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The Value of Things: Trailing Pythagoras

Can we use past results to predict the future?

Portrait Pythagoras, Greek philosopher. Drawing. Undated. (Photo by Imagno/Getty Images) Portrait Pythagoras, griechischer Philosoph. Zeichnung. Undatiert.

On a long enough timeline the survival rate drops to zero. Baseball analysts began using the Pythagorean method back in the 1970s. Essentially the idea is that when you look at a team’s runs scored and runs allowed you should be able to reasonably predict their record. If you collect enough data you will realize that most teams will finish around where they should be.

As logical and common sensical as that sounds, it flew in the face of the prevailing wisdom at the time. The experts would utter adages like, “the great teams win the close ones.” The problem was that there was very little empirical evidence to support such a claim. What actually happens is that the great teams blow their opponents’ doors off.

In any one season a team could overachieve their expectations. However, those results normally do not sustain themselves. In the baseball vernacular, there simply was no constant force that would dictate why a team happened to be successful. Some thought it was having a great bullpen. Others thought that clutch hitting actually exists. It might exist but not necessarily on a team wide basis.

We can measure the same things in football. The ole adage would seem to indicate that great teams win the one score games decided in the fourth quarter. Is this actually true or do the great ones blow out their opponents like they do in baseball? Well, to test this we are going to clump the top ten teams together and the bottom ten teams together. We will then look at their collective record in one score games and games decided by nine points or more.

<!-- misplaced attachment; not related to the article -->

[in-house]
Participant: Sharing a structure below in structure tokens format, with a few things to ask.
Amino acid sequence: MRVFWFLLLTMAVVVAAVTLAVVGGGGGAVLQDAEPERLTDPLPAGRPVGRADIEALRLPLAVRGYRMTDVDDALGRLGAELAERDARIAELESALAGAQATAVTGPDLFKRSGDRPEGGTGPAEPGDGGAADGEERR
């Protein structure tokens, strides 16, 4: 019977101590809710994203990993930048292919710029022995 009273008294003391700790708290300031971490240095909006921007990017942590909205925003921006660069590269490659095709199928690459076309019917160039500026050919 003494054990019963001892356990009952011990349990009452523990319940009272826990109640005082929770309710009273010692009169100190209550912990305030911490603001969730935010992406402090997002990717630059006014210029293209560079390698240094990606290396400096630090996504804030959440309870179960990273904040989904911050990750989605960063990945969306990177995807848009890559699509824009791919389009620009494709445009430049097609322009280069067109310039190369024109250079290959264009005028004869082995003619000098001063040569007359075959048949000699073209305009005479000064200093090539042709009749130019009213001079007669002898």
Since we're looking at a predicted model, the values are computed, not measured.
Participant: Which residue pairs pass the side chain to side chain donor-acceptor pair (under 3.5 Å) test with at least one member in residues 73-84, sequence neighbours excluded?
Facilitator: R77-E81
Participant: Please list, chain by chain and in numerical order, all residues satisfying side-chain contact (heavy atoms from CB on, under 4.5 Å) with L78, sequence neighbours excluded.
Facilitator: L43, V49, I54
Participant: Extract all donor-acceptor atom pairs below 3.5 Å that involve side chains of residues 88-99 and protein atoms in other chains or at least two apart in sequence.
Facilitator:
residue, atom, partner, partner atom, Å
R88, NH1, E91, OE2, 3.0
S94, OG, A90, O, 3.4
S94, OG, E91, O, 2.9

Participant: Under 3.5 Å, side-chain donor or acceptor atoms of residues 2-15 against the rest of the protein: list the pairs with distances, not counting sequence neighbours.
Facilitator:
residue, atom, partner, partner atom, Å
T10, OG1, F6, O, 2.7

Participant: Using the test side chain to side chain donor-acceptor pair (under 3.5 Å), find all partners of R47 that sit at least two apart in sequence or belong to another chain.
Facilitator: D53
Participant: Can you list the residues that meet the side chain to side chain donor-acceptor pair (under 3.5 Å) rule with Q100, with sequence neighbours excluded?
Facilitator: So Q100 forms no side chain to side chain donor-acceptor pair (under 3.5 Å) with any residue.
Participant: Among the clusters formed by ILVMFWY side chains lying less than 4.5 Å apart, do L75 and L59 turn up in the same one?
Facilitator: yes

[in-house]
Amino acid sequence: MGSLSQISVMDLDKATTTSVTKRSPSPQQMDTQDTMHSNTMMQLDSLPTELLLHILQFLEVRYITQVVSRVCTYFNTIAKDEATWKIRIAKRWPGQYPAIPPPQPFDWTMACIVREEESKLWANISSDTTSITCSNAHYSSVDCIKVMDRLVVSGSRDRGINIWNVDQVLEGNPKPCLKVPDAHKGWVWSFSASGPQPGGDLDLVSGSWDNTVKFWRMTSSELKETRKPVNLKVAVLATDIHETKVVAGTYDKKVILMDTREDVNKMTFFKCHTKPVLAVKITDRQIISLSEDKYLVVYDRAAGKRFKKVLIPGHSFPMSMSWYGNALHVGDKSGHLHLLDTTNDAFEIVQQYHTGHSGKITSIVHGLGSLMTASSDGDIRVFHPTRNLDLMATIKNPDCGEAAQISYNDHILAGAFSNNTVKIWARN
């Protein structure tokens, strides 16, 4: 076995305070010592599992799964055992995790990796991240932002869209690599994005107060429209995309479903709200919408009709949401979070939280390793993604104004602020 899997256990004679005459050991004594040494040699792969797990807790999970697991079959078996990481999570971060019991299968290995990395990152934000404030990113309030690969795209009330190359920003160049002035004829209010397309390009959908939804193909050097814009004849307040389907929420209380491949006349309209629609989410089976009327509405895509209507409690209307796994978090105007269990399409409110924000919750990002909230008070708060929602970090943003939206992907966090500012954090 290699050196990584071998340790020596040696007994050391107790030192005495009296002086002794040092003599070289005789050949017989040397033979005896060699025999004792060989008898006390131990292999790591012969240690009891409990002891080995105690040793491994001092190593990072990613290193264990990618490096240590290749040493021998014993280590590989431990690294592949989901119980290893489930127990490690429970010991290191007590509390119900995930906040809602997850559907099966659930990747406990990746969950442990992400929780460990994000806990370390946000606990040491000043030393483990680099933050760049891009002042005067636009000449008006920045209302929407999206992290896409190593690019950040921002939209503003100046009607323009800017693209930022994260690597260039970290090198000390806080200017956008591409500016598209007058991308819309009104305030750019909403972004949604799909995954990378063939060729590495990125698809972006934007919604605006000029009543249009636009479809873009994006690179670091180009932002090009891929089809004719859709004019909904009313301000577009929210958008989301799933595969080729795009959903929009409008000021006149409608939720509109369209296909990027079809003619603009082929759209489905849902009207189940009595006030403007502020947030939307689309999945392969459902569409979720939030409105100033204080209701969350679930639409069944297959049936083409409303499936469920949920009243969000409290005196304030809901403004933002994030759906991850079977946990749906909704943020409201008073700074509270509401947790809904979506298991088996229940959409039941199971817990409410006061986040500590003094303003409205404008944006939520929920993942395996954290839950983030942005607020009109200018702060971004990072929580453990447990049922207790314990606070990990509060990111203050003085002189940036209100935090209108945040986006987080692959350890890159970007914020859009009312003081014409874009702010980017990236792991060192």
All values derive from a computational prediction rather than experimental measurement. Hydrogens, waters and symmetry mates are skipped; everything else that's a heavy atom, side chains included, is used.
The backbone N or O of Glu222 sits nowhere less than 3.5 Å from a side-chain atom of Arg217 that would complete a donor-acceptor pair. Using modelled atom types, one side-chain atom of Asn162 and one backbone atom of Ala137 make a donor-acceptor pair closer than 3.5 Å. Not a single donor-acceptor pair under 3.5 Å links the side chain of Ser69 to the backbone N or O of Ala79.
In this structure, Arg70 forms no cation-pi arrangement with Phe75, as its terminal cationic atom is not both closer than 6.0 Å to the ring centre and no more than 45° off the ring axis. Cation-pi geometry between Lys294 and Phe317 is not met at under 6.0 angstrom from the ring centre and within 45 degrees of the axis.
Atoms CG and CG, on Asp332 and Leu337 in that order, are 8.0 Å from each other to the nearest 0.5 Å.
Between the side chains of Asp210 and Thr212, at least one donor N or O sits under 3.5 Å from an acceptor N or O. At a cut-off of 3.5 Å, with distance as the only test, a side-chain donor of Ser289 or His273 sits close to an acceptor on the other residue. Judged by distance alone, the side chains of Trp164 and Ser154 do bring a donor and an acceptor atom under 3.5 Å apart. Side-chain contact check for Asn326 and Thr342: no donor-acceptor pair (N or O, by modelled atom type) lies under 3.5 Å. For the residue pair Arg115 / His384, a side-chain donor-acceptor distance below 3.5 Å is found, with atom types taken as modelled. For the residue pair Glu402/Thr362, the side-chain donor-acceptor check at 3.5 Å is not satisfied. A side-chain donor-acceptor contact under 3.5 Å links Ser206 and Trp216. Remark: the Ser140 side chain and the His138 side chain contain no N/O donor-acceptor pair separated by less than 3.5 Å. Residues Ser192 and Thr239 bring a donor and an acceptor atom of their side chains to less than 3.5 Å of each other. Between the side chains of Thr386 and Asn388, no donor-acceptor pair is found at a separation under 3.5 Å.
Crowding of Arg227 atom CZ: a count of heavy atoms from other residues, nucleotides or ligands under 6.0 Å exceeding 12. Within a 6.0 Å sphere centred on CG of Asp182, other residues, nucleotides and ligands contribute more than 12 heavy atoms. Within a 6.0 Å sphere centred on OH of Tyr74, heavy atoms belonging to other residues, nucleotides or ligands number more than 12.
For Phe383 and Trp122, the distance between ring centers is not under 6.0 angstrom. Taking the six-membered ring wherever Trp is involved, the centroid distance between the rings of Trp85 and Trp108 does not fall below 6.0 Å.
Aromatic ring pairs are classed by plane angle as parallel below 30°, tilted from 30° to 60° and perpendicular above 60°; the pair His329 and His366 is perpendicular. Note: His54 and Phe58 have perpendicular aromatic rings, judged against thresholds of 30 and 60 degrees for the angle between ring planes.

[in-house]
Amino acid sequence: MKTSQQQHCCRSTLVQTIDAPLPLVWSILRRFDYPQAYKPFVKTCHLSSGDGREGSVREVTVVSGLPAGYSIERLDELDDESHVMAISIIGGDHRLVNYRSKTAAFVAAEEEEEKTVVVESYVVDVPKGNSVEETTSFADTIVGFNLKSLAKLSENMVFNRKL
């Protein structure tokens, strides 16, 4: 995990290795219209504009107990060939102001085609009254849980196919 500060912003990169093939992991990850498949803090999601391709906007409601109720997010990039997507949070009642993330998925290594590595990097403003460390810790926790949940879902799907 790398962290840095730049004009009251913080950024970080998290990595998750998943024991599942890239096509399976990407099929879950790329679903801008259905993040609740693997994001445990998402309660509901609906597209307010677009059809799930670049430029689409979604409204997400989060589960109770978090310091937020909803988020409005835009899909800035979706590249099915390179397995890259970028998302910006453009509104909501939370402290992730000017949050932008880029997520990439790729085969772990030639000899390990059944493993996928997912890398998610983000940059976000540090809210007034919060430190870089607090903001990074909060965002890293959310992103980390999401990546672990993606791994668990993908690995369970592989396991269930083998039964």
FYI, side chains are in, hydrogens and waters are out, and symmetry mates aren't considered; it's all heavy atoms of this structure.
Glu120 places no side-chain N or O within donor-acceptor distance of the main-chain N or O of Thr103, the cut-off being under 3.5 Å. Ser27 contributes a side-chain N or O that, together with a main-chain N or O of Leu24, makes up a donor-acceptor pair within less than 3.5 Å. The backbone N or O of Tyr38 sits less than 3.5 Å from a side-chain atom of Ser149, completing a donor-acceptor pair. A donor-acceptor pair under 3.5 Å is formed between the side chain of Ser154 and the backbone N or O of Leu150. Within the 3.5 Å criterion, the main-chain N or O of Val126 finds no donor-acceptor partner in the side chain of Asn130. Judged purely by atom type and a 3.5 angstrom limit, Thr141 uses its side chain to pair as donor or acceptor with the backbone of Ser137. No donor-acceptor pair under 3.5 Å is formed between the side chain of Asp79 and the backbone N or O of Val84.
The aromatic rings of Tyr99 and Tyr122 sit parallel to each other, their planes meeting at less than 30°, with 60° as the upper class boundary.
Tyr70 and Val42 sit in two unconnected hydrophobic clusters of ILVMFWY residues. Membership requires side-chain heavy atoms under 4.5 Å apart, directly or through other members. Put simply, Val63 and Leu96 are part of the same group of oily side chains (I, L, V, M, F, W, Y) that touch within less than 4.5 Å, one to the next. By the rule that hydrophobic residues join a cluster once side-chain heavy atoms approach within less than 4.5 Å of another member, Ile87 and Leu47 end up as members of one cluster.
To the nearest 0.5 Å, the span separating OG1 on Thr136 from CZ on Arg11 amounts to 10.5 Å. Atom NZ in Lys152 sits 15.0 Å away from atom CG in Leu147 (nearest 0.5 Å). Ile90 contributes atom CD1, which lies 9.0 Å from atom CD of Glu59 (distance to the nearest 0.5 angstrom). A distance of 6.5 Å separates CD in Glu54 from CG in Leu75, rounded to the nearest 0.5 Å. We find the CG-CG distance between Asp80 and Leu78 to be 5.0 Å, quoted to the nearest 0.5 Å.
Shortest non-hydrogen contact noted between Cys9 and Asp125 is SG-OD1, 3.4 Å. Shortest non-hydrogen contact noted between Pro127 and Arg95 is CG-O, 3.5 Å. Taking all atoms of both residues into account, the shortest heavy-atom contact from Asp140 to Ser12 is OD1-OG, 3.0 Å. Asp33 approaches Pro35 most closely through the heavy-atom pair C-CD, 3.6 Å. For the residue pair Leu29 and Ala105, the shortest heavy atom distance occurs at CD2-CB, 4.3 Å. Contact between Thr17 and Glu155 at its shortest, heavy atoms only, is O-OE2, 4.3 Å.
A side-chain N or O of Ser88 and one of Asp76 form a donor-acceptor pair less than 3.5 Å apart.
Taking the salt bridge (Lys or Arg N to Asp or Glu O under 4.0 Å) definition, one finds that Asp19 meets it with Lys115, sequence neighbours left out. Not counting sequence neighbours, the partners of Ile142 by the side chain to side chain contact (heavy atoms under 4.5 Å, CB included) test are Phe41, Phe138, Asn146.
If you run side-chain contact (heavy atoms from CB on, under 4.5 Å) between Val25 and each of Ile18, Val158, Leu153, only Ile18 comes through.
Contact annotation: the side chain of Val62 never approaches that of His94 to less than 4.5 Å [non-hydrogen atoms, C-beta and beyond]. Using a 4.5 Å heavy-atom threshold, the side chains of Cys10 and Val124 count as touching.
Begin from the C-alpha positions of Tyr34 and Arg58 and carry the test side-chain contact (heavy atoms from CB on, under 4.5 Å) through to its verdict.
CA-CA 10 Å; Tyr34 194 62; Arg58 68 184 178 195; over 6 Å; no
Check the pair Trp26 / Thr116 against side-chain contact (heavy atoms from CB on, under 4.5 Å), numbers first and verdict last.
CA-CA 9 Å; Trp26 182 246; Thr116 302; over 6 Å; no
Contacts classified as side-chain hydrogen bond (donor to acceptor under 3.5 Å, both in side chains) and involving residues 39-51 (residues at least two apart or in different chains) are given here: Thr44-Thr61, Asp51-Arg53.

The Good

The cutoff for our selection of good teams were teams with ten or more wins. There were ten such teams, so that would be a grand total of 170 games played. Hopefully, the sample size is big enough to reach some conclusions.

Overall Record: 113-57 (.665)

One Score Games: 43-33 (.566)

Record in Blowouts: 70-24 (.745)

So far the same holds with great football teams as great baseball teams. The good ones blow their opponents out. There were outliers as there always are. The Patriots had the worst record in blowout games as they finished 7-4. Obviously the results are pretty skewed.

Most of the teams finished around .500 in the close games. Buffalo went a horrendous 0-5 in close games. Tampa Bay was the best team at 6-1 in those close games. Obviously we can reach some conclusions based on these numbers, but I don’t want to get ahead of ourselves. First, we need to pay off on the bottom eleven teams that all lost ten or more games last season.

The Bad

Again, the prevailing wisdom is that the bad teams are probably not as bad as it seems. They are just too inexperienced or undisciplined to win those close games. In baseball we find this not to be true over extended time. I suspect the same thing is true with football, but let’s go ahead and check. There should be 187 games for these 11 teams.

Overall Record: 57-129-1 (.307)

One Score Games: 31-48-1 (.469)

Blowout Games: 26-81 (.243)

Obviously there are individual outliers that skew these numbers one way or the other. Hopefully, they even themselves out. Atlanta finished a ridiculous 7-2 in close games. For the math impaired, that means they were shut out in the blowout games. Again, we will talk about the implications of that in a subsequent article.

The Ugly

Obviously, you are waiting to get the Texans numbers out of the way. This is where we get the good news and the bad news. The good news is that the Texans got all of their wins in blow outs. They were 4-9 in blowout games. We normally expect regression to the mean, so their 0-4 record in close games is not sustainable. The law of averages says they should win one or two of those.

The bad news is that they played in more blowout games than any other team in the league. Again, we will need to do a deep dive to figure out what that means for the future. My first inclination is to say it seems like rough waters lie ahead, but I have been wrong before. We will study that next time.